Growing Up In Australia: Thousands of kids get extensive health checks in milestone for landmark study
The landmark Growing Up In Australia study has hit a milestone with health checks being done for the first time on thousands of children.
In its 11th year, the longitudinal sociological and scientific study follows the development of 10,000 children, who were committed to the project at birth.
It examines child development through personality, stress, childhood obesity, behaviour, resilience, school readiness, temperament and peers.
Every second year researchers visit homes to do basic checks, but for the first time a comprehensive one-off physical health assessment has been offered to the 4,000 11 to 12 year olds involved in the study.
This week the road show came to Brisbane, where 300 had their bodies analysed from head to toe.
There were blood and hearing tests, X-rays for bone density levels, lung function, vision, oral health, vision and for the first time, the parents have been asked to undergo health checks.
We are trying to understand how people tick and how children tick.
Head researcher Dr Jessica Boyce
Hair was also tested for cortisol level and nails for heavy metals.
All in all, there were 14 stations to get through.
Head researcher Dr Jessica Boyce said they want to understand what makes a healthy environment, individual and family.
"We are trying to understand how people tick and how children tick," head researcher Dr Jessica Boyce said.
"We are also really interested in things such as their early life and their genetics influence obesity and general fitness.
Growing up in Australia
"They love it, they are really excited.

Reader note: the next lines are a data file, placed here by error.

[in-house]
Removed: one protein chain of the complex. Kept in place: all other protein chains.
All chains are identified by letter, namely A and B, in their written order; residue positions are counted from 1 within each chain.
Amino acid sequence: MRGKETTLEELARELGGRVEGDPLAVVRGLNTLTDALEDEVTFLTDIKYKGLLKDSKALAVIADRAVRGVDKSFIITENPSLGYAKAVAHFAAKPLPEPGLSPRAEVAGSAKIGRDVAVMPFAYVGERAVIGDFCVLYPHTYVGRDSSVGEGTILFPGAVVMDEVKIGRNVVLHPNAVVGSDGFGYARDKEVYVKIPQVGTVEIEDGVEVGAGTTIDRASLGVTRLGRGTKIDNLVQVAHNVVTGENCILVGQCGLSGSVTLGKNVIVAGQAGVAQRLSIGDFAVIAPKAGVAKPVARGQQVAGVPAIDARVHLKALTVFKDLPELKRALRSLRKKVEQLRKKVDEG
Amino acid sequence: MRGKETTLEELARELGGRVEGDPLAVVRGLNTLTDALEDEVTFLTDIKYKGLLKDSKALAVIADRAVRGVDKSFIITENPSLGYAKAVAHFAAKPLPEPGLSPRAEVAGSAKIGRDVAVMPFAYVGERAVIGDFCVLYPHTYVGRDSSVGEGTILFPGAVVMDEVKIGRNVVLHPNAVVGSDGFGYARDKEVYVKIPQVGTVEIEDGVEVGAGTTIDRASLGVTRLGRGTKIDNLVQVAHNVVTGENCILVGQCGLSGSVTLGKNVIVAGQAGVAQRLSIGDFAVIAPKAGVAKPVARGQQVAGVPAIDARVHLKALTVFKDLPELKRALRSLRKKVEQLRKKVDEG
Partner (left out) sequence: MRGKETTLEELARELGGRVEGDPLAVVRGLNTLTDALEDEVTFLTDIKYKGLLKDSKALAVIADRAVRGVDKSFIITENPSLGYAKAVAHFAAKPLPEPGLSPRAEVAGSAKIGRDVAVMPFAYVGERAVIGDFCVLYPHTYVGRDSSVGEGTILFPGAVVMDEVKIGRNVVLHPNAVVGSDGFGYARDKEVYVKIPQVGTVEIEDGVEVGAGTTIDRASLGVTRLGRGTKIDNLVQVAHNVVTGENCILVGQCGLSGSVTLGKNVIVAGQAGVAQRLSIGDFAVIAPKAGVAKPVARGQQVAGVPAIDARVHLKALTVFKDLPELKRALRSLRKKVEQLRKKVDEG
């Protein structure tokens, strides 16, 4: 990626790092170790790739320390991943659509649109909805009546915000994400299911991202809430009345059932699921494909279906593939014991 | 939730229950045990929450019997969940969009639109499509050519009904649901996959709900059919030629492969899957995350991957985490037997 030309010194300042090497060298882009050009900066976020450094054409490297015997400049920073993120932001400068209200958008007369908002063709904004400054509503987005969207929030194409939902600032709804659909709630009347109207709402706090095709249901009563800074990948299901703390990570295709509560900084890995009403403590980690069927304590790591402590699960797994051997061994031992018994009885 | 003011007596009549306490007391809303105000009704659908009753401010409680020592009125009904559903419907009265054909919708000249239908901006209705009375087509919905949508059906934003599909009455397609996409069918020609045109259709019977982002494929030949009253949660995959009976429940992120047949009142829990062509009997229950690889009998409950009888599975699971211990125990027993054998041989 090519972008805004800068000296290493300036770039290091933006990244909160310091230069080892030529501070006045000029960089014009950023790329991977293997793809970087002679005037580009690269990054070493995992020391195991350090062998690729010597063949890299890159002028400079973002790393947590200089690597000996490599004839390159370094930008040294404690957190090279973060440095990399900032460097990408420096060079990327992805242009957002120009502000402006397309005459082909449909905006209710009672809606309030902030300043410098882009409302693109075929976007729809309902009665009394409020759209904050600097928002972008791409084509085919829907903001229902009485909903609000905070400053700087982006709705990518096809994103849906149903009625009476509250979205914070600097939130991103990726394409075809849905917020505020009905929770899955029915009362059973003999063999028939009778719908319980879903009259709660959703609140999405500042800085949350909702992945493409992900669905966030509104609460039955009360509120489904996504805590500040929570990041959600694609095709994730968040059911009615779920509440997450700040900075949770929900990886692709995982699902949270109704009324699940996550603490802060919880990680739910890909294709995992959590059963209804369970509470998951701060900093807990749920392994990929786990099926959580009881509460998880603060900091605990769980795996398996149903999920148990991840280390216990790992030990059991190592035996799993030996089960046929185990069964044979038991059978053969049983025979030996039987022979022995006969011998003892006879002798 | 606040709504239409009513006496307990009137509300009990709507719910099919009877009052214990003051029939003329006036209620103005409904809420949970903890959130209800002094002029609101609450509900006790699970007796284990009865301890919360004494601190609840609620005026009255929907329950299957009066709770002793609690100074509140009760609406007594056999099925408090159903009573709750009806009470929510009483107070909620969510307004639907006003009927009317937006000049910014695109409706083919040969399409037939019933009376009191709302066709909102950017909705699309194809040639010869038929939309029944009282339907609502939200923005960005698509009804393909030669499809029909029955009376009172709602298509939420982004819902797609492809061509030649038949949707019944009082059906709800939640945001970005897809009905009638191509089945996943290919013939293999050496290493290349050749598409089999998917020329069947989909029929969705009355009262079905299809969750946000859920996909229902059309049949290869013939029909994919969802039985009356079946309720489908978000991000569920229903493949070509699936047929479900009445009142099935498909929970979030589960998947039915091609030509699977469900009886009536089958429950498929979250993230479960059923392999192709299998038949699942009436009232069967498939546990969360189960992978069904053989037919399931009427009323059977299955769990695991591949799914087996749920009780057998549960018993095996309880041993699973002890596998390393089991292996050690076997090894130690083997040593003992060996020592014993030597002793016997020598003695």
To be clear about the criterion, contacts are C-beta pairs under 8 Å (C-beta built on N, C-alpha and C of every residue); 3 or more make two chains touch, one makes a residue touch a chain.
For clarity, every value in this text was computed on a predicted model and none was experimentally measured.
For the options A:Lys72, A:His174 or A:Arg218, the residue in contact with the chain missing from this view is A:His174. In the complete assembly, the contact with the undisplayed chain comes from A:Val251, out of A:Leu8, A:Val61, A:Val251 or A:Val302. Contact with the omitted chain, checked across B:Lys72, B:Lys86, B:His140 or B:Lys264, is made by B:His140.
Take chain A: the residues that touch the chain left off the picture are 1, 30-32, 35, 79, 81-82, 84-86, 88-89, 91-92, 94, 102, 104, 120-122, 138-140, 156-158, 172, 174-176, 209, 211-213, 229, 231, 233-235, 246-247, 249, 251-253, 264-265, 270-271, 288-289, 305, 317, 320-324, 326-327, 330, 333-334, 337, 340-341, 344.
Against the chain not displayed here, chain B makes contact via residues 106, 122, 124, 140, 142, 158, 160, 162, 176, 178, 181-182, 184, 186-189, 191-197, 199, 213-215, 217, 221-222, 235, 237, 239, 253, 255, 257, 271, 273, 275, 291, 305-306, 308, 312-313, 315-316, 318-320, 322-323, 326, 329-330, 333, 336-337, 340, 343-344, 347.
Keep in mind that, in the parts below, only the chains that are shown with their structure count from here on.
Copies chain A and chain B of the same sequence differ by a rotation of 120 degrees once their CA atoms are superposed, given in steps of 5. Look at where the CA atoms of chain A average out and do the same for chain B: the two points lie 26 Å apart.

"It is the first time they have actually come into a centre, usually we just go into their home and do questionnaires and things.
"So this time it is a bit more interactive and they are really enjoying it."
The next stop is Adelaide, and then Perth.
The children's next big assessment will be when they turn 13, the onset of puberty.
"We could already be there," dad Ross Bennett laughed.
Jacob Hazel, 12, from Brisbane, said researchers took his blood, saliva, urine and hair.
"I think it's pretty cool," he said.
"My favourite part is when they come around every two years and they bring a special computer and I get to do the questionnaire.
"I think one day it could be really important that they did take what they took and that's good, because if it's important it means that they have done well."
Samples from the road show will be processed and stored in dry ice and sent to Melbourne.
There they will be stored in a bio bank for analysis until the children are 18.
The study has been made famous by the ABC's Life documentary series, which has so far shown the development of the children up to nine years of age.
Of the 10,000 children partaking in the study, 11 families were selected for the TV series.
Source: ABC News